Shear-wave attenuation anisotropy: a fluid detection tool

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Joseph Asplet, James Wookey, John-Michael Kendall, Mark Chapman, Ritima Das


The behaviour of fluids in preferentially aligned fractures plays an important role in a range of dynamic processes within the Earth.
In the near-surface, understanding systems of fluid-filled fractures is crucial for applications such as geothermal energy production, monitoring CO2 storage sites and exploration for metalliferous sub-volcanic brines.
Mantle melting is a key geodynamic process, exerting control over its composition and dynamic processes.
Upper mantle melting weakens the lithosphere, facilitating rifting and other surface expressions of tectonic processes.
Aligned fluid-filled fractures are an efficient mechanism for seismic velocity anisotropy, requiring very low volume fractions, but such rock physics models also predict significant shear-wave attenuation anisotropy.
Here we demonstrate a new method for measuring shear-wave attenuation anisotropy and apply it to synthetic examples and to teleseismic SKS phases recorded at the station FURI, in Ethiopia. At FURI we measure attenuation anisotropy which can only be explained by the presence of aligned fluids, most probably melts, in the upper mantle. Modelling of this result suggests that melt aligned in fractures dipping ca. 40° that strike perpendicular to the Main Ethiopian Rift, are required to explain the observed attenuation anisotropy. These results show that attenuation anisotropy could be a useful tool for discriminating between anisotropy due to crystal or melt alignment, and may offer strong constraints on the extent and orientation of melt inclusions.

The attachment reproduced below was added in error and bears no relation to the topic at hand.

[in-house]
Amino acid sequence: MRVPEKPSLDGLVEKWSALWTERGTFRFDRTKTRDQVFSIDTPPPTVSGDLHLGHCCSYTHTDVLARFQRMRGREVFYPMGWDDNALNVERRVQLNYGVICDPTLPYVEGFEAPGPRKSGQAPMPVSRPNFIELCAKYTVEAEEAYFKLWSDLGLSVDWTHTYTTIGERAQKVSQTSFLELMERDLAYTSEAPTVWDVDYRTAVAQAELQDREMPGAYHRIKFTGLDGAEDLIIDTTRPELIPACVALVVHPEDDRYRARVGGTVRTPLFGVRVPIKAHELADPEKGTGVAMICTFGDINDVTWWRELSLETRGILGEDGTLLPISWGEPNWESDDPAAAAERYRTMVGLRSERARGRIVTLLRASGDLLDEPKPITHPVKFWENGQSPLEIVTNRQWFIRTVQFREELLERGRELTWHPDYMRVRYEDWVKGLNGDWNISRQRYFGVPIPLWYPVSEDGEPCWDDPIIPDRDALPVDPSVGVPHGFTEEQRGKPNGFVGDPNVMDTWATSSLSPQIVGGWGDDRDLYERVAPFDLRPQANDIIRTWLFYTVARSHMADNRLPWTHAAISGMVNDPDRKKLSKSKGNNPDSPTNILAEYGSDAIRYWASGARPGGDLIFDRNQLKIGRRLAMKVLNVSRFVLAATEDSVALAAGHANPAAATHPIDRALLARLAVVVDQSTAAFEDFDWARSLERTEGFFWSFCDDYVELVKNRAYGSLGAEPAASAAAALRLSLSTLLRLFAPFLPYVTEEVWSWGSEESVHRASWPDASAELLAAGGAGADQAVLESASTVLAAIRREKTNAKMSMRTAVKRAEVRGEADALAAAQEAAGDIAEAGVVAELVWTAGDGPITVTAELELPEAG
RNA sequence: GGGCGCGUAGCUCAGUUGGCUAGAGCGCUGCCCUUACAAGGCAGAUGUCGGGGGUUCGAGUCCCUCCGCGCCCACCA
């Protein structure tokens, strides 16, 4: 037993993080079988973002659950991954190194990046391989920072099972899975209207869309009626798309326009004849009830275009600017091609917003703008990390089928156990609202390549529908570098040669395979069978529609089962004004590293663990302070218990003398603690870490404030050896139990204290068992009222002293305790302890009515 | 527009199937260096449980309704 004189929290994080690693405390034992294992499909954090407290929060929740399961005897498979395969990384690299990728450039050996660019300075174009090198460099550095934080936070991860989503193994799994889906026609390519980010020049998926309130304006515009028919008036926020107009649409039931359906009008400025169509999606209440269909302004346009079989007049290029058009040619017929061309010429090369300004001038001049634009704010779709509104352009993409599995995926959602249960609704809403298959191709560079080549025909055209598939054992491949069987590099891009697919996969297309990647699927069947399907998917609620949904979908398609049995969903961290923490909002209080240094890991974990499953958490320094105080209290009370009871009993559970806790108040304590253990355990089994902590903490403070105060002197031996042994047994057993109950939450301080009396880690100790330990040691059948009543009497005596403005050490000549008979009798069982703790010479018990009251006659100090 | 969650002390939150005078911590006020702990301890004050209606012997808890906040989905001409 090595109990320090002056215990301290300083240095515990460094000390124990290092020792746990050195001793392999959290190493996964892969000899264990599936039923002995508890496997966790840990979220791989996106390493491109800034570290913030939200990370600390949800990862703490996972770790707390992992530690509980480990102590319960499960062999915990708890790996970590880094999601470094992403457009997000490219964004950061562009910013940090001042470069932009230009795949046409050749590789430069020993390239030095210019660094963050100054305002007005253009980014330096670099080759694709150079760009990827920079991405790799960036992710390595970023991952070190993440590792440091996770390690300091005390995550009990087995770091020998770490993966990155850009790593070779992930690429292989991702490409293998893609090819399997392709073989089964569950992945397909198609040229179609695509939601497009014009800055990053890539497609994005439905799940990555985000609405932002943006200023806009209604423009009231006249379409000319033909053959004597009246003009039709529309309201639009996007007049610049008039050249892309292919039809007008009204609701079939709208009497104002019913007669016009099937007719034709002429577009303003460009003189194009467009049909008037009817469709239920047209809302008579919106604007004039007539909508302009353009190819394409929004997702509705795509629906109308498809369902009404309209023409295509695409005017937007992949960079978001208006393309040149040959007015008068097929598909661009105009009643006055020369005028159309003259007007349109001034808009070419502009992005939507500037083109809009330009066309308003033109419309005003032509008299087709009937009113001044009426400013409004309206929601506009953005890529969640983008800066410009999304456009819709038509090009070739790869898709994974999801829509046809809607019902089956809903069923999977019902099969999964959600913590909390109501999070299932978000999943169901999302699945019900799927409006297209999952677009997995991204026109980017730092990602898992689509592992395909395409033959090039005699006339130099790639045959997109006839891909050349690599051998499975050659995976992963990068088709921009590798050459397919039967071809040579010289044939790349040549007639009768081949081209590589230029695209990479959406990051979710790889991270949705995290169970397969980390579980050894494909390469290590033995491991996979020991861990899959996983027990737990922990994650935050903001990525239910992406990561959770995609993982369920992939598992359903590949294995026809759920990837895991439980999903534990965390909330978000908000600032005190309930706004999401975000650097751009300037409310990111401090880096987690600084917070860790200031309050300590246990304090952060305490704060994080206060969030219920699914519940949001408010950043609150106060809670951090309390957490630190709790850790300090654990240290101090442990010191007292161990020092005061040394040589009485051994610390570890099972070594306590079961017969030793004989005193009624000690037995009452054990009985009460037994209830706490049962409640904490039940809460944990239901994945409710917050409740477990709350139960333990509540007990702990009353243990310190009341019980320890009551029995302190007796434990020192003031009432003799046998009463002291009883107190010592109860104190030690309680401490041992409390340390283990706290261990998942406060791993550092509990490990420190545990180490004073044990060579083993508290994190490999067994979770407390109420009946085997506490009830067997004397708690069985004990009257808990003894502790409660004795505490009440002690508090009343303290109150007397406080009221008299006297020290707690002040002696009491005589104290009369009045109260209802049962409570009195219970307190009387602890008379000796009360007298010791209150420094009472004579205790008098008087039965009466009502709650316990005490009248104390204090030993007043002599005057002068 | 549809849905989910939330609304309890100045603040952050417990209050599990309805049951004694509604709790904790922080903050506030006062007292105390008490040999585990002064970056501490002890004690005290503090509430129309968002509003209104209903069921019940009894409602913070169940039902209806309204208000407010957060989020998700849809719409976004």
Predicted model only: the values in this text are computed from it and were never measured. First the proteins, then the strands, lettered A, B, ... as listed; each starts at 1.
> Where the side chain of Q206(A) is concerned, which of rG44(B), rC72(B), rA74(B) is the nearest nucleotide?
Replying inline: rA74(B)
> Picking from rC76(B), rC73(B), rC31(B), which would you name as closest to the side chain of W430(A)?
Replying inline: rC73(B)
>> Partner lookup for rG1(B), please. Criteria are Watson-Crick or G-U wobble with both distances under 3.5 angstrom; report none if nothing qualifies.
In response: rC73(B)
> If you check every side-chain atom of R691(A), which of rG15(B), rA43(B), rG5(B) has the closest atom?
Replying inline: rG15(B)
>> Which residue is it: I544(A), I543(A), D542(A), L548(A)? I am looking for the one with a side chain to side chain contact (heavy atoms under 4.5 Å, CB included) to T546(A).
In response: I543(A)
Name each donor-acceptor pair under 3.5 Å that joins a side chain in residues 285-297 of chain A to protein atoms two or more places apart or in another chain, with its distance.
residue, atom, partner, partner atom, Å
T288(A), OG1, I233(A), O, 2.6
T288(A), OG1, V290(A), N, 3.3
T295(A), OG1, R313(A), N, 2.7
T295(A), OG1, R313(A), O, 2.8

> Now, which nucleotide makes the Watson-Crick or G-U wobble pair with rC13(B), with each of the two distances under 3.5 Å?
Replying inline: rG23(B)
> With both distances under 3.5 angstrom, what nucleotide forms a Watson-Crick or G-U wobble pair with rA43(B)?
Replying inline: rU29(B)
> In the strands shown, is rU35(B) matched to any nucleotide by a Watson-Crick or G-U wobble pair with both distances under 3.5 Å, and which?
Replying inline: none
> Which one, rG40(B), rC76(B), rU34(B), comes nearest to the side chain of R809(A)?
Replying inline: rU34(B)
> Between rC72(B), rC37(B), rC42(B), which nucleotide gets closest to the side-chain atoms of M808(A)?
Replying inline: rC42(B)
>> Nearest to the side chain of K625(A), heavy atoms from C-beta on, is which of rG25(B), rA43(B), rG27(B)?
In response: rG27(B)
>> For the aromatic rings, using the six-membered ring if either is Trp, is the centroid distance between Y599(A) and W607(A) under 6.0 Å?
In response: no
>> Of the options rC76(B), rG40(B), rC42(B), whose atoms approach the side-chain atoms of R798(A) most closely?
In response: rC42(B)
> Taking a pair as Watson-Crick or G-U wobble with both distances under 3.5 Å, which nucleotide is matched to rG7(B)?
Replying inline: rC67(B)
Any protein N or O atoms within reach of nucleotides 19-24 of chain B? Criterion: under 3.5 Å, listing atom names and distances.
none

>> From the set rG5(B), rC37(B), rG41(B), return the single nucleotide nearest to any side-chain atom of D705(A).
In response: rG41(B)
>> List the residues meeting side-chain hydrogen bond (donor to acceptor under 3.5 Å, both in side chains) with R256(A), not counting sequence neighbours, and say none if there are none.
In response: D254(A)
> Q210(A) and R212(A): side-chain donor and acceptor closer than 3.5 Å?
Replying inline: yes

Geophysics and Seismology



Published: 2023-08-24 00:45

Last Updated: 2023-08-24 07:45


CC BY Attribution 4.0 International

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